Two old-guard revolutionaries, old comrades in the war too, sit either sit of a desk. It is an interrogation, and their positions could easy have been reversed. Rubashov is the prisoner, Ivanov the warden of the prison. Rubashov is accused of conspiracy, of failing to maintain the strict ideological discipline demanded of party members.
“Apage Satanas!” repeated Ivanov and poured himself out another glass. “In old days, temptation was of carnal nature. Now it takes the form of pure reason. The values change. I would like to write a Passion play in which God and the Devil dispute for the soul of Saint Rubashov. After a life of sin, he has turned to God—to a God with the double chin of industrial liberalism and the charity of the Salvation Army soups. Satan, on the contrary, is thin, ascetic and a fanatical devotee of logic. He reads Machiavelli, Ignatius of Loyola, Marx and Hegel; he is cold and unmerciful to mankind, out of a kind of mathematical mercifulness. He is damned always to do that which is most repugnant to him: to become a slaughterer, in order to abolish slaughtering, to sacrifice lambs so that no more lambs may be slaughtered, to whip people with knouts so that they may learn not to let themselves be whipped, to strip himself of every scruple in the name of a higher scrupulousness, and to challenge the hatred of mankind because of his love for it—an abstract and geometric love. Apage Satanas! Comrade Rubashov prefers to become a martyr. The columnists of the liberal Press, who hated him during his lifetime, will sanctify him after his death. He has discovered a conscience, and a conscience renders one as unfit for the revolution as a double chin. Conscience eats through the brain like a cancer, until the whole of the grey matter is devoured. Satan is beaten and withdraws—but don’t imagine that he grinds his teeth and spits fire in his fury. He shrugs his shoulders; he is thin and ascetic; he has seen many weaken and creep out of his ranks with pompous pretexts …”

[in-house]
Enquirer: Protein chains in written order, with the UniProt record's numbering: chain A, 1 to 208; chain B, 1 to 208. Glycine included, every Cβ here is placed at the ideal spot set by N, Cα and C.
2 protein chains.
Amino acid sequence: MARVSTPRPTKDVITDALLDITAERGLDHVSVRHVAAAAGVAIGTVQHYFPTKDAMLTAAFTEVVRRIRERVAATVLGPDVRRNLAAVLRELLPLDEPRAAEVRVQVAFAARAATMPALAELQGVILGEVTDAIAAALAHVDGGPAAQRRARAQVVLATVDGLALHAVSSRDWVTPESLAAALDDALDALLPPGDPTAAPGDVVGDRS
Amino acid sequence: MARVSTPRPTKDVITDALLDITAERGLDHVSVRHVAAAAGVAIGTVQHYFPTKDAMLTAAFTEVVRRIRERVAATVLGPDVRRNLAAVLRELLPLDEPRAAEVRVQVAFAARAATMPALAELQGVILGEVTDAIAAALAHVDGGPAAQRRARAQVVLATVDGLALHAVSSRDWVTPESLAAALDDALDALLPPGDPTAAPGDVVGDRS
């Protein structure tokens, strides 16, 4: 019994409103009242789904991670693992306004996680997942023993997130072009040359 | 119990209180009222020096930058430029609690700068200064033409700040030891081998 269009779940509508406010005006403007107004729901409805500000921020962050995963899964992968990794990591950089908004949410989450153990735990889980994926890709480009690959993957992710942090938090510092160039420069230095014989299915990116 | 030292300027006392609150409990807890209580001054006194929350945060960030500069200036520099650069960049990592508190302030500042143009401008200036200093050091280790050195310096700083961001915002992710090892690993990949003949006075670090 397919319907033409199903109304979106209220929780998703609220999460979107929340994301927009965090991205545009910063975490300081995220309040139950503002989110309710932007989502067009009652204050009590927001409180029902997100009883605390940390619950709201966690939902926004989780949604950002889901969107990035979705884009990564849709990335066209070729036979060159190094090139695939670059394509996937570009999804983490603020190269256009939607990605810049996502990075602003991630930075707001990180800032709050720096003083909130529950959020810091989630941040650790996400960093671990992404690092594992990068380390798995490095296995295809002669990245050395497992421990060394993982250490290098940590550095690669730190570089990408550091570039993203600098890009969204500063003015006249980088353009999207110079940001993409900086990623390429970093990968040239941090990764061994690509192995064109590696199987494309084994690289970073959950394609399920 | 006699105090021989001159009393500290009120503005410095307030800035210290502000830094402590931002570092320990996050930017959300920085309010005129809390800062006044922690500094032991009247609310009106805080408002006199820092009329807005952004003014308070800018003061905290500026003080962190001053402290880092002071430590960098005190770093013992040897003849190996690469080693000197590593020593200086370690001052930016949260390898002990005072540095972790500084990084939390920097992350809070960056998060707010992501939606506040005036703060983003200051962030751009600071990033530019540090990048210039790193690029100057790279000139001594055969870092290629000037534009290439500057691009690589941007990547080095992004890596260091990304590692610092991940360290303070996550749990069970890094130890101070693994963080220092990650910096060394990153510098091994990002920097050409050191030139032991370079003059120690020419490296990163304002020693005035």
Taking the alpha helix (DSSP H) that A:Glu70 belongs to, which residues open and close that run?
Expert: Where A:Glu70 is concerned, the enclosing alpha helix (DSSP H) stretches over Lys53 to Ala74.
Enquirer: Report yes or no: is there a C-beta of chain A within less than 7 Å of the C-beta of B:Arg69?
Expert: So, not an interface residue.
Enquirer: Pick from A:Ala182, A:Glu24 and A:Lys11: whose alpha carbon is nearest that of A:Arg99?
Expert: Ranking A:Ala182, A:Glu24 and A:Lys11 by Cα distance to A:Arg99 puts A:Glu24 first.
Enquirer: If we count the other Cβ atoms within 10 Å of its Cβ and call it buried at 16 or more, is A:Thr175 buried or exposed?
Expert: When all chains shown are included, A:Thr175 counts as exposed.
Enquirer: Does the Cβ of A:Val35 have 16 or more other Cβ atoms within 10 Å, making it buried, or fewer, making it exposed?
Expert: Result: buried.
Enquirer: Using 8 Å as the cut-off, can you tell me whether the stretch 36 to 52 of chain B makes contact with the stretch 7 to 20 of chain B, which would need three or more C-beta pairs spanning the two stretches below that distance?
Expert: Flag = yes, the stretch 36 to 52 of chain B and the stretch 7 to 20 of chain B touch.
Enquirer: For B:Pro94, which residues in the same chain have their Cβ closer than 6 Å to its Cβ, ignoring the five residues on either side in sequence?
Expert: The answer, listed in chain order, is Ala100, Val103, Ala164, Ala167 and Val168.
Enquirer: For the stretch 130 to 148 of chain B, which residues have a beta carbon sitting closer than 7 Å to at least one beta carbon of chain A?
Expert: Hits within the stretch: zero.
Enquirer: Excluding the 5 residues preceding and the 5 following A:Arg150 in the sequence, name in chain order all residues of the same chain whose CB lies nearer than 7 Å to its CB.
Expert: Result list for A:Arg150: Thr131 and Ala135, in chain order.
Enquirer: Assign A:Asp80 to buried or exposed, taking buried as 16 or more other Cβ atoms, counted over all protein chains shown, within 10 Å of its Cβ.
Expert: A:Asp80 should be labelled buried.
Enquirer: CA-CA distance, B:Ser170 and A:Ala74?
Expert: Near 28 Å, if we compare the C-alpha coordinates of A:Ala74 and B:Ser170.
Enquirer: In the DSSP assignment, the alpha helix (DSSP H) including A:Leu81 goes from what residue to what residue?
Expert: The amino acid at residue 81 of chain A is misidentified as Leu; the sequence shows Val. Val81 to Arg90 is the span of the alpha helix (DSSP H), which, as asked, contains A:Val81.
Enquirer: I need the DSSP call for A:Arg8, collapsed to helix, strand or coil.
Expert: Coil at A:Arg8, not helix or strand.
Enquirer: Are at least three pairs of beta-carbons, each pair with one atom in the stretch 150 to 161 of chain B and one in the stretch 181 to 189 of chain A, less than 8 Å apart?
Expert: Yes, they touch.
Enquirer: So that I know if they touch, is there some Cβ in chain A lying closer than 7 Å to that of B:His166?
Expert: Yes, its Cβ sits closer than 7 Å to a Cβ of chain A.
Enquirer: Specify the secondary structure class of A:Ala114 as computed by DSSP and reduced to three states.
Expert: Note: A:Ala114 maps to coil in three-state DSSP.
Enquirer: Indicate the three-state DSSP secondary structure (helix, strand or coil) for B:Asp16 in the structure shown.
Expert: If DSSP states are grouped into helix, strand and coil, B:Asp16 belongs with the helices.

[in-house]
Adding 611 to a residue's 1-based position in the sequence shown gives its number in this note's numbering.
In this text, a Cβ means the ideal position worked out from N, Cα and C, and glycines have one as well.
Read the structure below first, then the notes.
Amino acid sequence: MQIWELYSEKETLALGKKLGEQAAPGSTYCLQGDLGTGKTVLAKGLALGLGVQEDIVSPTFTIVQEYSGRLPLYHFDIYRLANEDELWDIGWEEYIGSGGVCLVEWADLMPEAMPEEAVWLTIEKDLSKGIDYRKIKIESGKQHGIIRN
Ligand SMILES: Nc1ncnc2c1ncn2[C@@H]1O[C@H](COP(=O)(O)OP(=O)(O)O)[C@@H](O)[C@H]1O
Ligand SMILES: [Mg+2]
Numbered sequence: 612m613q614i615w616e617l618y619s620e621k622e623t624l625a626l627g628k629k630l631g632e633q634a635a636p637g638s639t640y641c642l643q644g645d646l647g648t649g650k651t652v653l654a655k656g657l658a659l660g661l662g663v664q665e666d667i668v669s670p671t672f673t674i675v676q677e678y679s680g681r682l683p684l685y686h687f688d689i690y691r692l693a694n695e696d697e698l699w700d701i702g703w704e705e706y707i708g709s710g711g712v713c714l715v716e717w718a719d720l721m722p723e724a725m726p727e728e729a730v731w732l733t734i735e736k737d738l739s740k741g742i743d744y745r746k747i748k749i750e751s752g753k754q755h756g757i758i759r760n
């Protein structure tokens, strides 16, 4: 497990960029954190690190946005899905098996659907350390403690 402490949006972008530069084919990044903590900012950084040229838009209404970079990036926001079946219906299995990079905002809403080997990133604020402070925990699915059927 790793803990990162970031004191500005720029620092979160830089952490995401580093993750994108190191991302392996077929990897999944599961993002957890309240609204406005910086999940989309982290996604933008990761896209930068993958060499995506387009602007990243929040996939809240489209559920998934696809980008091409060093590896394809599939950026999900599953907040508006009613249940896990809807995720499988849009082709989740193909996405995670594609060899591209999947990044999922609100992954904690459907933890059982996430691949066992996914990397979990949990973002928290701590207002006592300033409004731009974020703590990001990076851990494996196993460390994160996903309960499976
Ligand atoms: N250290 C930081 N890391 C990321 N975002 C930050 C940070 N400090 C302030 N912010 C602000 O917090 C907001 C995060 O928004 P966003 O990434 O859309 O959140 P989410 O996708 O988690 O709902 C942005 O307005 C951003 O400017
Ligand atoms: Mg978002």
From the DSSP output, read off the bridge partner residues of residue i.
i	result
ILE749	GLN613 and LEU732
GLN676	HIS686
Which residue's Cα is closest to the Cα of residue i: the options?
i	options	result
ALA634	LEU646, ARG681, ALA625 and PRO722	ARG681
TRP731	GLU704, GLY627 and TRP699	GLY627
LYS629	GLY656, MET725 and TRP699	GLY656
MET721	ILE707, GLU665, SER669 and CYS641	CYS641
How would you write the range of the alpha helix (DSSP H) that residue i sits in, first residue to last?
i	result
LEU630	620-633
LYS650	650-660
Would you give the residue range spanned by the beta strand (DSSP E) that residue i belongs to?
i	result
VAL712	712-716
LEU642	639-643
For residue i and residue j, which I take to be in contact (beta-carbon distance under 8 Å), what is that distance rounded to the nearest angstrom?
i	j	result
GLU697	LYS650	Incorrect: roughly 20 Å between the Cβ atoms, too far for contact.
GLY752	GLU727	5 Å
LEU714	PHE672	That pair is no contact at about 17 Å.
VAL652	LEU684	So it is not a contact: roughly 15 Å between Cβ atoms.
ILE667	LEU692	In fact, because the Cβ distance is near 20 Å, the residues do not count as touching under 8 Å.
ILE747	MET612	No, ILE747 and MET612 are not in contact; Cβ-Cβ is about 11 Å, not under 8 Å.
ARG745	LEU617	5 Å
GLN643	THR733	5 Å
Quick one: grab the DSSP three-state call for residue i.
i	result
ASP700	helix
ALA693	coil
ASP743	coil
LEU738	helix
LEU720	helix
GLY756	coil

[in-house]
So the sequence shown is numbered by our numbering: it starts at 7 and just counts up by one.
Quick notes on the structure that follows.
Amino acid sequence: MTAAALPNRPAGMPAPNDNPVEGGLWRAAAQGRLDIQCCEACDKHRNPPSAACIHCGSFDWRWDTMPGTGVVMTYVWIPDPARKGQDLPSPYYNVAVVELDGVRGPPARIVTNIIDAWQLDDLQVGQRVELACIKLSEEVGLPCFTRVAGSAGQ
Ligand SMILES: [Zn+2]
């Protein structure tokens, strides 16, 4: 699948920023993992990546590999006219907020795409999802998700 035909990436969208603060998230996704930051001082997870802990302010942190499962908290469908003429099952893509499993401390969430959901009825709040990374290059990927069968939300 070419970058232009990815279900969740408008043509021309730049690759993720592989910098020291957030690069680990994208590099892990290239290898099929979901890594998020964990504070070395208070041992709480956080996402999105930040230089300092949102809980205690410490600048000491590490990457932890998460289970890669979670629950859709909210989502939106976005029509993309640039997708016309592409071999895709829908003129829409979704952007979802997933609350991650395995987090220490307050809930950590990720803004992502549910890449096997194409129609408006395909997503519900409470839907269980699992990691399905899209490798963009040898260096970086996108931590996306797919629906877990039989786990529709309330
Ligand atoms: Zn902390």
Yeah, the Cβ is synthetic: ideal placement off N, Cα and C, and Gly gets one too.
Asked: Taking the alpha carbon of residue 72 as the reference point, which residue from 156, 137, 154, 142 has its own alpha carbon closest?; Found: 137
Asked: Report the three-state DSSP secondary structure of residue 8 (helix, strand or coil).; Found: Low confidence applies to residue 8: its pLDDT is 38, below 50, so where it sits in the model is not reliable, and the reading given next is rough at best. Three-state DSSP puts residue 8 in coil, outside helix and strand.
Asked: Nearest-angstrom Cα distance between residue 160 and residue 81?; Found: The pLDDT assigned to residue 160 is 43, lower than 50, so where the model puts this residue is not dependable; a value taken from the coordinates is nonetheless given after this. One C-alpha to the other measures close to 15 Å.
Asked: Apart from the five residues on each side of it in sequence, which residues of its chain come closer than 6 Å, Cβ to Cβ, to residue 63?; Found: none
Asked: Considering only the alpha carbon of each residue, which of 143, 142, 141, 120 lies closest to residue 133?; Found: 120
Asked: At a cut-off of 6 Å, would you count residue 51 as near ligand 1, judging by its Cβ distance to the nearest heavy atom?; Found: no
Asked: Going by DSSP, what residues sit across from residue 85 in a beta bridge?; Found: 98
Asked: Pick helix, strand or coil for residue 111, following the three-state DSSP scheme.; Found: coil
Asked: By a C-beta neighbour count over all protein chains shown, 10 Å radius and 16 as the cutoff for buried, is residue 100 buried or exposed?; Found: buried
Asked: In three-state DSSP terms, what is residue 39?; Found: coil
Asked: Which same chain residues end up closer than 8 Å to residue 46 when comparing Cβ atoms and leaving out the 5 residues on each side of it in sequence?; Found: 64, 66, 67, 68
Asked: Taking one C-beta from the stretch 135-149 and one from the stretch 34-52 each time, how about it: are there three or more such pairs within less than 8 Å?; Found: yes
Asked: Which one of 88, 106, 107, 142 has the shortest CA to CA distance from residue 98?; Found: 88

Arthur Koestler, ‘Darkness at Noon‘ (1940, tr. Daphne Hardy)
In Britain people are often told to ‘stop talking about politics, it only causes arguments’. But you can only have that attitude if politics doesn’t appear to affect your life. If the house was burning down, and one group was urging everyone to ‘run through the flames’ while someone else shouted that the only chance was to jump, even my Mum wouldn’t say ‘Stop talking about fires, it will only cause a row. Now let’s have a nice cup of tea and burn to death.’
Mark Steel, ‘Reasons to be Cheerful’ (2001)
I have moved this blog from Moveabletype to WordPress. As well as being a world of open-source goodness, WordPress is far easier to use, at first impression, and I’m hoping that I’ll have more luck defending myself against comment spam.
How i did this:
After, as a precaution, exporting my Moveabletype MySQL database, using PHPmyadmin. I then enjoyed the Famous WordPress 5-Minute Install and it was easy. Thank’s to Mike for advice and encouragement.
Comments are now back open, so say hello, or let me know if any old posts were broken by the move and need fixing.